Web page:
Related Video Above: F-35s to Eurpoe
A quick look at a map of the Baltic Sea raises new possibilities for US and NATO allied Air Forces in Northern Europe given the rapid arrival of new F-35s.
Just last year, Denmark received its first F-35, Norway conducted F-35 training missions, the Royal Netherlands Air Force declared its F-35s operational, Poland increased its F-35 force, US and UK carriers and surface ships conducted joint-F-35 missions and Finland and Switzerland recently chose the F-35 for its force.
Deterring or Destroying Russian Forces
All of these events, unfolding over just this past year, paint a new picture when it comes to any ability to deter or destroy Russian forces from the Baltic Sea. This concentration of F-35 power in Northern Europe introduces the possibility that the US and its allies could, if necessary, quickly launch a massive 5th-generation air assault into Russian airspace should that instantly become necessary.
Not only does Finland itself share a border with Russia, but the Russian coastline and the Baltic states border the Baltic Sea as well. This places Russia easily within the combat attack radius of F-35s from Poland, Finland, Norway, Denmark, The Netherlands and possibly even the UK.
This highly impactful tactical reality, greatly enhanced by the F-35s multi-national Multifunction Advanced Data Link connecting all F-35s, does not even take ocean launched F-35s into account. Certainly US and allied amphibs or even carriers could also launch F-35s from areas in the Baltic Sea as well.
This possibility may have been part of the thinking this past year when US and UK F-35s conducted nearly 1,300 sorties together to improve readiness, interoperability and warfare preparations. As part of this exercise, the UK Royal Navy’s HMS Queen Elizabeth launched F-35Bs from both the US Marine Corps and Royal Air Force. “
Nine nations have F-35s operating from a base on their home soil, 12 services have declared Initial Operational Capability and six services have employed F-35s in combat,” a statement from Lockheed Martin on F-35 activities in 2021 said.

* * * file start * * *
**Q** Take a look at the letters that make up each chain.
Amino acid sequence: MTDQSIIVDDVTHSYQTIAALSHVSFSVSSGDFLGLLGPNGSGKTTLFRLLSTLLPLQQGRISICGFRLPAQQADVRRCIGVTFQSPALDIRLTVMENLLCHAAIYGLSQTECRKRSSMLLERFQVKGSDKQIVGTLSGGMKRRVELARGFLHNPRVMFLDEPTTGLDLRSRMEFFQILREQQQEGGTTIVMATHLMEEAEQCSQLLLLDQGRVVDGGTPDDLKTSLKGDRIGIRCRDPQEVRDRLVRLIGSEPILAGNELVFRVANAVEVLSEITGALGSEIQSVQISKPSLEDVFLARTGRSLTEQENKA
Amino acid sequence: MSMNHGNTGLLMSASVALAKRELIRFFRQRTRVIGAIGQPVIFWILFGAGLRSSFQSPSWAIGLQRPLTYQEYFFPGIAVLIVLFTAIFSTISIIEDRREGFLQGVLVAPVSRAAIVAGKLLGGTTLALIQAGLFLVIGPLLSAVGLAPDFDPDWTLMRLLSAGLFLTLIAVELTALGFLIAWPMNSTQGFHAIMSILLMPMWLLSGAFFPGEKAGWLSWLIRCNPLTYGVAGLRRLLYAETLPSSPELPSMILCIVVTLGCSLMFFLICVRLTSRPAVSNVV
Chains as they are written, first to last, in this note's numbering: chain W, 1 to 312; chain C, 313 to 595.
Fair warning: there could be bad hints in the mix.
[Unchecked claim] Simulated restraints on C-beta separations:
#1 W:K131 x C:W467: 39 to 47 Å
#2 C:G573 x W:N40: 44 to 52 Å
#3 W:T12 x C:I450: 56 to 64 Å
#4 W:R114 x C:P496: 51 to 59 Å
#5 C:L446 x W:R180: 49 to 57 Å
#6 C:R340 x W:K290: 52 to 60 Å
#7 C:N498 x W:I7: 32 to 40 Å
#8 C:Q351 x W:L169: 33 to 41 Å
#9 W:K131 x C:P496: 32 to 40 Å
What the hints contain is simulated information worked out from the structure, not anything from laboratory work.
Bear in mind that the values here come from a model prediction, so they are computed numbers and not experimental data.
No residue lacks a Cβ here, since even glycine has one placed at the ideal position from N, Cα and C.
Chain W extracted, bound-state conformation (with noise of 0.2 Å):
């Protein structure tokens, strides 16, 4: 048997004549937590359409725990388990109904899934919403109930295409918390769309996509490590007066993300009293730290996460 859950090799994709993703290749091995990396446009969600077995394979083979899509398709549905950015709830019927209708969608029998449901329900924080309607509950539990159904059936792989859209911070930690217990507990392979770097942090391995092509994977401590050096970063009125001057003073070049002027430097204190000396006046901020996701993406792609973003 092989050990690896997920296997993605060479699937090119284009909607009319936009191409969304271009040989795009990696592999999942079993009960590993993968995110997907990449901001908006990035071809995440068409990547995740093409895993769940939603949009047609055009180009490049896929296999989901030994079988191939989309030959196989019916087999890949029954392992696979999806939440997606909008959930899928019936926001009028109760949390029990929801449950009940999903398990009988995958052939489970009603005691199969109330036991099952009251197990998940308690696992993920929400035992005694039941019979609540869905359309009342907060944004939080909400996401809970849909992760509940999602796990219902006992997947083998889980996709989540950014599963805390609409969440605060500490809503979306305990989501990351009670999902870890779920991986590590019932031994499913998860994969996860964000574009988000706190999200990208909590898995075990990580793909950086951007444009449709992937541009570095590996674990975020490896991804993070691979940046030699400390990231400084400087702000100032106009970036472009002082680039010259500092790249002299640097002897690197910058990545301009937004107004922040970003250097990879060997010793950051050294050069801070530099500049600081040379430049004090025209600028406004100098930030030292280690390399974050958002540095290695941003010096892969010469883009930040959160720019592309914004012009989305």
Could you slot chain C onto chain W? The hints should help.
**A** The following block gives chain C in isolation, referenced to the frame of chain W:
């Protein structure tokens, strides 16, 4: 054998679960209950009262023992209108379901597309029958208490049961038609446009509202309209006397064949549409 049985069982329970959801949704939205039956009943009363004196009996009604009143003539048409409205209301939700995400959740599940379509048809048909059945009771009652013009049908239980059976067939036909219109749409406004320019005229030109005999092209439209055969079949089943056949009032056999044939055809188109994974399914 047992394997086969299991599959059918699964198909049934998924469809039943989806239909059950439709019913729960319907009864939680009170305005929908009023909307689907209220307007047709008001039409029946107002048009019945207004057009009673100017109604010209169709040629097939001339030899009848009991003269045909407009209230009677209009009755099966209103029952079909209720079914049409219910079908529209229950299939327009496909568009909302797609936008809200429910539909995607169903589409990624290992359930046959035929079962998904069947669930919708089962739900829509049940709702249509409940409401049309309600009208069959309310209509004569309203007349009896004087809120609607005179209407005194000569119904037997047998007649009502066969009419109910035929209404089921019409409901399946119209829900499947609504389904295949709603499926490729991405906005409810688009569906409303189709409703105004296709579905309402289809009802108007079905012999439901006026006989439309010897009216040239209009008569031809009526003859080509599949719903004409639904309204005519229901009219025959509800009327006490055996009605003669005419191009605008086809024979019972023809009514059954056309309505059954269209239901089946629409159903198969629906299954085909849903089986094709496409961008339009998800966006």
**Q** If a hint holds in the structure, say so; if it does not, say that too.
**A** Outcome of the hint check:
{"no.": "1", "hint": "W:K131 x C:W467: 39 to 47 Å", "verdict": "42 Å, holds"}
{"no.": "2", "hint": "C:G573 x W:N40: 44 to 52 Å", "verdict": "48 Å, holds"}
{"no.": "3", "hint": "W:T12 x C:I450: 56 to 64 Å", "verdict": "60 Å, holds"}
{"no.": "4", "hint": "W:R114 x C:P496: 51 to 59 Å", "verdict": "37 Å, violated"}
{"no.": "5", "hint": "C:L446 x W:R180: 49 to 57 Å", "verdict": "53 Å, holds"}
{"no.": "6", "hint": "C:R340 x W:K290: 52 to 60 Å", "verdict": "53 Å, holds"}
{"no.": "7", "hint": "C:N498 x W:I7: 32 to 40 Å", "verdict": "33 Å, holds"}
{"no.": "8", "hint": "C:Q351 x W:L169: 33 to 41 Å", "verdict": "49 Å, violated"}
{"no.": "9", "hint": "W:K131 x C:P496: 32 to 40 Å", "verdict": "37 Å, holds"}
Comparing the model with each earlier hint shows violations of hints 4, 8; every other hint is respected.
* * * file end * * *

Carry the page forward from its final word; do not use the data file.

The rapid arrival of new F-35s brings a widely read and quoted 2016 Rand Corporation study called “Reinforcing Deterrence on NATO’s Eastern Flank, Wargaming the Defense of the Baltics.” The published report, emerging from extensive wargaming, made the determination that the Baltic states would be quickly overrun by Russian forces in the event of any invasion. The study recommends that the Pentagon substantially reinforce its combat presence and forward-deployment activities in the region.
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“The games' findings are unambiguous: As presently postured, NATO cannot successfully defend the territory of its most exposed members. Fortunately, it will not require Herculean effort to avoid such a failure.
Further gaming indicates that a force of about seven brigades, including three heavy armored brigades — adequately supported by airpower, land-based fires, and other enablers on the ground and ready to fight at the onset of hostilities — could suffice to prevent the rapid overrun of the Baltic states,” the study’s abstract states.
However, what about considering this 2016 assessment in a 2022 context? Certainly, in 2016, not many F-35s were operating in Northern Europe as they are today, by large margins. Would the proximity, access and lethality of a nearby multi-national F-35 force change this equation? The quick answer would seem to be …absolutely.
Considering that Russia does not operate as many of its own Su-57 5th-generation aircraft, which may not even compare to F-35s in terms of performance, a dispersed, yet networked force of US and European F-35 launched from the air and sea might be very well positioned to slow down, stop or even destroy a Russian ground invasion of the Baltics by quickly establishing air superiority.
Could an expectation of future F-35 arrivals in 2016 have informed Pentagon decisions about sending more forces to the area? Seems quite possible, yet at the time Finland had not chosen the F-35, multi-national European F-35 interoperability had not been fully established, Poland had not committed to larger numbers of the jets and Denmark, Norway and The Netherlands were much earlier in their F-35 developmental processes and the US-UK F-35 synergy had not been demonstrated.
Related File Video Above: F-35 maker Lockheed Martin has been engineering F-35s to carry more weapons.
Regardless, the strategic circumstance when it comes to deterring or destroying any kind of Russian attack across Eastern Europe has been changed in a profound and measurable way given the amount of arriving F-35s.
Kris Osborn is the defense editor for the National Interest and President of Warrior Maven -the Center for Military Modernization. Osborn previously served at the Pentagon as a Highly Qualified Expert with the Office of the Assistant Secretary of the Army—Acquisition, Logistics & Technology. Osborn has also worked as an anchor and on-air military specialist at national TV networks. He has appeared as a guest military expert on Fox News, MSNBC, The Military Channel, and The History Channel. He also has a Masters Degree in Comparative Literature from Columbia University.